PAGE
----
Pathfinder Encourages Adolescents and Health Workers to Contribute to World Health Organization’s New Report
Pathfinder is thrilled to see that the World Health Organization (WHO) is currently developing a report, "Health for the World’s Adolescents," that will outline recent research and the growing consensus on the importance of adolescent health; and the achievements of the health sector in improving and maintaining the health of the world’s 1.2 billion adolescents (10-19 years).
This report will inform the design and implementation of Pathfinder’s adolescent sexual and reproductive health programs ensuring that they address existing gaps and support country government’s efforts to improve the health status of young people.
Recognizing that it is vital to incorporate the perspectives of adolescents themselves, as well as health care providers in the report, WHO has established a website where adolescents can contribute in different ways, including:
- Taking a survey about their perspectives on health and health services (the survey is available in 6 languages)
- Entering a photo competition
- Sharing their story
- Being creative (sharing poems, drawings etc.)
Health workers can also provide input by participating in the primary care providers survey.
The website will be open for input from July 19 - September 15, 2013. Pathfinder strongly encourages adolescents and health providers to contribute to this report and asks that youth-led and youth-serving organizations disseminate this request for input among their networks so that this report reflects the diversity of adolescent needs and perspectives across countries and cultural contexts.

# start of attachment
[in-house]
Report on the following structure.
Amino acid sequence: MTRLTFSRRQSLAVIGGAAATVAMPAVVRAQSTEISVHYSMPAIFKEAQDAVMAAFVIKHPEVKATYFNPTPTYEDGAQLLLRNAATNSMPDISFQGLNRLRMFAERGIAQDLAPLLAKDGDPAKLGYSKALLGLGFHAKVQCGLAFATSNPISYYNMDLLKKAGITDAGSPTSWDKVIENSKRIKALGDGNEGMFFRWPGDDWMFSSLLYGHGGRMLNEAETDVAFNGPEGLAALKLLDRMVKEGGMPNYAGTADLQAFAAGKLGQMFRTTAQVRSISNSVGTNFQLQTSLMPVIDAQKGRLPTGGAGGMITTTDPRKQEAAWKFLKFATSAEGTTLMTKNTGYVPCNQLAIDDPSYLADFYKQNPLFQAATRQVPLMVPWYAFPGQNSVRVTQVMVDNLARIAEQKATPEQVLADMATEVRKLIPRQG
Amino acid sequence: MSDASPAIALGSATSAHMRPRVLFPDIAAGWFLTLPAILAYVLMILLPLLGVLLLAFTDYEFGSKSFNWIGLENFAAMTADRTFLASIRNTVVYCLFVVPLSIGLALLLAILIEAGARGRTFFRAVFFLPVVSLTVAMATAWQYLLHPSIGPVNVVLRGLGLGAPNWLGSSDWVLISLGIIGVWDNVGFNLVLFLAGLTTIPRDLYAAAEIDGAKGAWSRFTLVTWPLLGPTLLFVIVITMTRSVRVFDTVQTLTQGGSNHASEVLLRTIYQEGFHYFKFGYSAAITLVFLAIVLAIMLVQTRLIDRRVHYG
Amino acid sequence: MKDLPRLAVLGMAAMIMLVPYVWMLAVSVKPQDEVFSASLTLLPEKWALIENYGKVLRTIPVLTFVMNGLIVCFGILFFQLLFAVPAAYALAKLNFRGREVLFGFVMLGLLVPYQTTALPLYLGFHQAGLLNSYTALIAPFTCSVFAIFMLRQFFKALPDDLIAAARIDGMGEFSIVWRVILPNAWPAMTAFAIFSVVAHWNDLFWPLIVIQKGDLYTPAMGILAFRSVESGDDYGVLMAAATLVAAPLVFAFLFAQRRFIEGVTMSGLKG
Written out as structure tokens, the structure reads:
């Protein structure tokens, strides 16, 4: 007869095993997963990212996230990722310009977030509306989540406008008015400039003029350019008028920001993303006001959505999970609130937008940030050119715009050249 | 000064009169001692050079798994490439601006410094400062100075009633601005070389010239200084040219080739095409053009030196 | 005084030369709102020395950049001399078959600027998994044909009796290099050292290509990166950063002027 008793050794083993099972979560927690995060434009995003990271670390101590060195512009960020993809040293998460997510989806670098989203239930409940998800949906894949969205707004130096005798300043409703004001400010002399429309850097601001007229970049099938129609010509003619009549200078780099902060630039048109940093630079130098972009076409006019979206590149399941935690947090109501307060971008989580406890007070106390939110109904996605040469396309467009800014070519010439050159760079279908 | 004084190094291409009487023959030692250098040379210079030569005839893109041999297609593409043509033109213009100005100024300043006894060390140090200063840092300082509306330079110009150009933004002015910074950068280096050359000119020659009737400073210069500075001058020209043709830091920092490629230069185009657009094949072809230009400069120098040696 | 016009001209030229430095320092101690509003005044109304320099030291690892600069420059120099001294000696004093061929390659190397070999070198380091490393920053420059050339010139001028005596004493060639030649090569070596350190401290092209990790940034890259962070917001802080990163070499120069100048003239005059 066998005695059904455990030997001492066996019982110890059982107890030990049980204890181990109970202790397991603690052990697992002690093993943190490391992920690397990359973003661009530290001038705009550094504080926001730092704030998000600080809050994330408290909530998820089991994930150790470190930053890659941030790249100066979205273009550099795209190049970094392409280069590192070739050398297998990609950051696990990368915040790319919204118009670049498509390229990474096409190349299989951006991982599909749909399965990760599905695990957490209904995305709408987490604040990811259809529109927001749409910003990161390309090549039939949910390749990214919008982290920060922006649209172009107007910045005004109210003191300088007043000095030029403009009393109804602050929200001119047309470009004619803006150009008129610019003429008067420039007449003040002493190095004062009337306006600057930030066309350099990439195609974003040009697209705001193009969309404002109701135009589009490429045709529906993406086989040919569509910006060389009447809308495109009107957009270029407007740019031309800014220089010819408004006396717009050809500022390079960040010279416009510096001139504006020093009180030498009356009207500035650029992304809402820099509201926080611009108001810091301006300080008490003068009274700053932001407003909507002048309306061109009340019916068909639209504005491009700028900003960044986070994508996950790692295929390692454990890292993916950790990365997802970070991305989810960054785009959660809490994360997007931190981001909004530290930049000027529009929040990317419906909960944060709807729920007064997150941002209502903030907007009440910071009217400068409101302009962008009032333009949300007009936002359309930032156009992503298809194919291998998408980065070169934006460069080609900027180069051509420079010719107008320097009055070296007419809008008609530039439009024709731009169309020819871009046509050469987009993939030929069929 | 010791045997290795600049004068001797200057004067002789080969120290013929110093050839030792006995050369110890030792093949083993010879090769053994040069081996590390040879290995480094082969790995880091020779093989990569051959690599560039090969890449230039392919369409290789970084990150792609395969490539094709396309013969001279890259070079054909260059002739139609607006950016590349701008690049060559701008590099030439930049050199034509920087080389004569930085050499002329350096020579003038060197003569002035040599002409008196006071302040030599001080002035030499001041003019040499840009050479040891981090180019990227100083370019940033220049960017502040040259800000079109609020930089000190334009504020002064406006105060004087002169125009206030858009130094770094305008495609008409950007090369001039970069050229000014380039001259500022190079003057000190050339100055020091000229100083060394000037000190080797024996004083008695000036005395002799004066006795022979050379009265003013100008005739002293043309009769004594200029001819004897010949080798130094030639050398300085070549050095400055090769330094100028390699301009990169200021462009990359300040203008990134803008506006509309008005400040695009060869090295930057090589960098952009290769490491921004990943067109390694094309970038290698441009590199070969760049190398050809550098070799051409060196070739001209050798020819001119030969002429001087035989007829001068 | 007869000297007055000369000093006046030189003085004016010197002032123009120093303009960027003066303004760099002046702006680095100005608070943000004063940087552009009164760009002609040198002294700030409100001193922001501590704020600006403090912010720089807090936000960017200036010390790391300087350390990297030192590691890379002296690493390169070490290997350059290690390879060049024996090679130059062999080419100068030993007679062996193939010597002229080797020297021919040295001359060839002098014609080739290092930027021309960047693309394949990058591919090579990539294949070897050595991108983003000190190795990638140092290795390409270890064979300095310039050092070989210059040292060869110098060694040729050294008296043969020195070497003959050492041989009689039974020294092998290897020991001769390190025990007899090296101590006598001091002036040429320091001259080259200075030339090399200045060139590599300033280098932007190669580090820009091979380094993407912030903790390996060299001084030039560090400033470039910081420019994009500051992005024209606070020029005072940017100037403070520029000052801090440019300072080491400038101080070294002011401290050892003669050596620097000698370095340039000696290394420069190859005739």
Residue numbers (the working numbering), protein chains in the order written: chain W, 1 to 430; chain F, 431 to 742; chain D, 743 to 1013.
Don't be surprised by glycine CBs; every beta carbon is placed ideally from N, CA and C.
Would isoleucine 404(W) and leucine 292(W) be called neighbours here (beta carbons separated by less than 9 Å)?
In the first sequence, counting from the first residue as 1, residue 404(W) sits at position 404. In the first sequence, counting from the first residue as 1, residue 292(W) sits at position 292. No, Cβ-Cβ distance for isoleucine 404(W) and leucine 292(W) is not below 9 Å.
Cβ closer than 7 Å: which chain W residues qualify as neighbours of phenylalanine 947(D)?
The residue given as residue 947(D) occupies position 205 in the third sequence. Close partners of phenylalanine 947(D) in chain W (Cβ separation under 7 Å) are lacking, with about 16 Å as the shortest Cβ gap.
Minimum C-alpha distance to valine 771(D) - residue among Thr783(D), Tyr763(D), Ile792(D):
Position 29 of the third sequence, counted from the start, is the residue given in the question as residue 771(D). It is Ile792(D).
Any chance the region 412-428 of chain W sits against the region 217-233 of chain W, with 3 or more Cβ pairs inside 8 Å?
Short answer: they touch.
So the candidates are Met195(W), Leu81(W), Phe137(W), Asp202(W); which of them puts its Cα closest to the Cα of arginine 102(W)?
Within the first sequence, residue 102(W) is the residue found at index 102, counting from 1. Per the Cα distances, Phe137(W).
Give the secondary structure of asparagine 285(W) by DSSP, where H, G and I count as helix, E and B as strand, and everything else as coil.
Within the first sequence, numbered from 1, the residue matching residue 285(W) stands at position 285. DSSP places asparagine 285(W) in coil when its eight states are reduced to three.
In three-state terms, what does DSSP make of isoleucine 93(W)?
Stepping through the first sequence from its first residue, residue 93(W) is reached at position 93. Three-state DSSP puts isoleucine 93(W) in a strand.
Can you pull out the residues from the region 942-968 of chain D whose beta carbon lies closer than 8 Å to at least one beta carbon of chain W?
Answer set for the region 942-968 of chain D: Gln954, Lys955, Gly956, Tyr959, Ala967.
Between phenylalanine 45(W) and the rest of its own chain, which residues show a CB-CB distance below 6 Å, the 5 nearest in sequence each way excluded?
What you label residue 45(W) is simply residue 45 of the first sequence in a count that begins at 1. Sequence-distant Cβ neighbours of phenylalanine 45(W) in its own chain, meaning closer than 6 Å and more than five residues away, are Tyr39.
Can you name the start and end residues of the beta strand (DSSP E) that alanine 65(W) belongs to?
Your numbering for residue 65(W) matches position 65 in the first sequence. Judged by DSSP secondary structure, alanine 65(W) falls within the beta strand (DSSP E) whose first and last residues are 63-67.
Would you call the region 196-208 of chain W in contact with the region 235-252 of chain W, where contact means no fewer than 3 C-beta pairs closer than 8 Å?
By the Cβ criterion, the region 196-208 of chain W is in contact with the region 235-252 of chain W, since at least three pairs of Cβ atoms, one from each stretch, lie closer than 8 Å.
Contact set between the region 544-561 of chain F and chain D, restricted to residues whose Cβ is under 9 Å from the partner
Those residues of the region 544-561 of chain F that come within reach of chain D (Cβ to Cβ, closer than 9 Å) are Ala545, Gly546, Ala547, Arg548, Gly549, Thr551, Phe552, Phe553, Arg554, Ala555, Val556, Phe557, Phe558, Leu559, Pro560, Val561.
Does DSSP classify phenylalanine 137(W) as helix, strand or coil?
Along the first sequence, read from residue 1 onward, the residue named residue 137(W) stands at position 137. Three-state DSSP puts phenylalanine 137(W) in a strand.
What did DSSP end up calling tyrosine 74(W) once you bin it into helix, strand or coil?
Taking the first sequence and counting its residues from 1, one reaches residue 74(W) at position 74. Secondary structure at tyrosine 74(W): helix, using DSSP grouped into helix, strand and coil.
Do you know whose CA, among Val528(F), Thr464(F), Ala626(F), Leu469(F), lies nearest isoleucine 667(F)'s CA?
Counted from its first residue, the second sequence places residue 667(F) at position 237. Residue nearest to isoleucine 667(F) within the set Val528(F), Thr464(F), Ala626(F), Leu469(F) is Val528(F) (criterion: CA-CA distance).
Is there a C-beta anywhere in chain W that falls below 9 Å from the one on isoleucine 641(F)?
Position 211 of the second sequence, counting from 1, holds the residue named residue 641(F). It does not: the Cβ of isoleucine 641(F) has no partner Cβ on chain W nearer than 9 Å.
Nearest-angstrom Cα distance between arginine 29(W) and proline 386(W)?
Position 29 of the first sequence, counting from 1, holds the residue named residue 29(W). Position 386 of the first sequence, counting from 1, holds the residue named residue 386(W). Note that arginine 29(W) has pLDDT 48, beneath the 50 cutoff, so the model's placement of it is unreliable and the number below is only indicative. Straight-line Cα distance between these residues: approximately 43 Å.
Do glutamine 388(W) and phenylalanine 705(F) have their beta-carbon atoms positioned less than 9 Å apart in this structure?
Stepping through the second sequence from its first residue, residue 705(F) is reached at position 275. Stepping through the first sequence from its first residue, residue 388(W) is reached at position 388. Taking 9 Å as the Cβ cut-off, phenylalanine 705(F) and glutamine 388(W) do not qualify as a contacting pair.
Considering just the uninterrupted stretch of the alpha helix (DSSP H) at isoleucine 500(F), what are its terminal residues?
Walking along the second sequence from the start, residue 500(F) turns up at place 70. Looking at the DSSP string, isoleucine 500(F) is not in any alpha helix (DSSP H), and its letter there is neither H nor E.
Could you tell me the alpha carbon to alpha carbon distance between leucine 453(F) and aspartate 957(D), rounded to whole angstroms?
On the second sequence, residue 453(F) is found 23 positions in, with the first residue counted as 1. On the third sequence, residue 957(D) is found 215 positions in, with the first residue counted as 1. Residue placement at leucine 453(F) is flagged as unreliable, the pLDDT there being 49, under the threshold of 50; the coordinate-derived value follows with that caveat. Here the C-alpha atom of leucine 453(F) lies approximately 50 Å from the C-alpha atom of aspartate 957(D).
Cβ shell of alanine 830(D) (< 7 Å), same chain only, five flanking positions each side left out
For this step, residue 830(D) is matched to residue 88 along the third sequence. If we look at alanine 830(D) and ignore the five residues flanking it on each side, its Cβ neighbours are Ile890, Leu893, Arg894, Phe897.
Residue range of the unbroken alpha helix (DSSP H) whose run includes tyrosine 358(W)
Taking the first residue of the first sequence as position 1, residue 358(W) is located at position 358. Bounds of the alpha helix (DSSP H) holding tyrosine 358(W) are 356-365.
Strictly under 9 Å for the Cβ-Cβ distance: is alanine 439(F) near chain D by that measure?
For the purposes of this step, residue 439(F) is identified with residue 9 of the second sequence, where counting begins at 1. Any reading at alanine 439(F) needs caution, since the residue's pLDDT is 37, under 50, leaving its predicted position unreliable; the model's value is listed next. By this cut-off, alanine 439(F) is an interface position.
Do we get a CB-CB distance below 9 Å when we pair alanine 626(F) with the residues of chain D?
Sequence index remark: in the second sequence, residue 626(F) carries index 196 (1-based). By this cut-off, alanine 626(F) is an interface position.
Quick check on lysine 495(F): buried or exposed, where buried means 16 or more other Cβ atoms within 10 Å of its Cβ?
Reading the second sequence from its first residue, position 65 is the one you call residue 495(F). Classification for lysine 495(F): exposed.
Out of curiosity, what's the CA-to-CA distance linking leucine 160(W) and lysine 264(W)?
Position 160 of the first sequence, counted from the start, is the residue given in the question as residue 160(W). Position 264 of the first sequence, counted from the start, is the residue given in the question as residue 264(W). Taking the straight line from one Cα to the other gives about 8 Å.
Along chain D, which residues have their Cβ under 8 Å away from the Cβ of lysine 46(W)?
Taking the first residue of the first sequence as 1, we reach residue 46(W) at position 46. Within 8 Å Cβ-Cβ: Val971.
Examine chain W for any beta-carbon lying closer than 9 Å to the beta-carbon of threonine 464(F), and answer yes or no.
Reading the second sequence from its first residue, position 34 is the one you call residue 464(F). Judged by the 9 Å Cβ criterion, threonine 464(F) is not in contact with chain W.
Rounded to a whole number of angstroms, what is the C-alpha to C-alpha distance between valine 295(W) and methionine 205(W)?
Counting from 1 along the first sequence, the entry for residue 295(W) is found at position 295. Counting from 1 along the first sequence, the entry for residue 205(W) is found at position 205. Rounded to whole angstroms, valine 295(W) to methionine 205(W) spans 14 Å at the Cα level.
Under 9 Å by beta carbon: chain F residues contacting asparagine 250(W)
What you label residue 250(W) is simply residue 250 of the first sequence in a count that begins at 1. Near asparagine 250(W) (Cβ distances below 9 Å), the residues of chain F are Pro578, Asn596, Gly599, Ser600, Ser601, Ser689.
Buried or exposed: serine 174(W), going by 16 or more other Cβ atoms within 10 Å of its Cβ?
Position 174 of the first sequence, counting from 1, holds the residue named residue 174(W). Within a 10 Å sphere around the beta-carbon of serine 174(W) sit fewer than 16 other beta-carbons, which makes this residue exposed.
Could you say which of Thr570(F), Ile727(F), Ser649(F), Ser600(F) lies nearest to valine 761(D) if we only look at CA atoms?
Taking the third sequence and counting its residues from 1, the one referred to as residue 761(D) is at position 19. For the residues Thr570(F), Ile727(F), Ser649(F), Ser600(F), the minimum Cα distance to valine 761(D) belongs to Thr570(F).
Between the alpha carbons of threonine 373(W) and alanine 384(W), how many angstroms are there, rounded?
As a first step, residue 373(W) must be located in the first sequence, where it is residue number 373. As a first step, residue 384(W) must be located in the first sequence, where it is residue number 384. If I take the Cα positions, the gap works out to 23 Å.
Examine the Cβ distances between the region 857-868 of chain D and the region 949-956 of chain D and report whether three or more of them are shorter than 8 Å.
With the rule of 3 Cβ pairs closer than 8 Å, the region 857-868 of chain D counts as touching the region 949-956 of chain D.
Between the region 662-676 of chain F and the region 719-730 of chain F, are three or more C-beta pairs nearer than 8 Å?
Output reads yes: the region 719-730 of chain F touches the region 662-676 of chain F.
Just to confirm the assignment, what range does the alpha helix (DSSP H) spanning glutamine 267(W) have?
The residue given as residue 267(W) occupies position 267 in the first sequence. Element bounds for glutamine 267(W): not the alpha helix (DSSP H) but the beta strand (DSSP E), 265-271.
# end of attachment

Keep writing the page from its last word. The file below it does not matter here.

Focus Area: Adolescent and Youth Sexual and Reproductive Health
Please contact Kate Stookey, Director of Public Affairs, at 617-972-1231 or firstname.lastname@example.org
What's more, women in Ethiopia are having fewer children (the fertility rate fell from an average of 6.5 children per woman in 2000 to 4.6 currently), maternal deaths are in decline, and more women are staying in school longer. Plus, more women are opting for long-acting reversible contraceptives (LARCs) instead of more traditional short-term methods like birth control pills or condoms.
Youths are deprived of information and services related to sexual or reproductive health. These issues are considered taboo due to social, cultural or religious norms in the developing and middle-income countries, speakers discussed on the third day of the International Conference on Family Planning, held at the Bali Nusa Dua Convention Centre in Indonesia.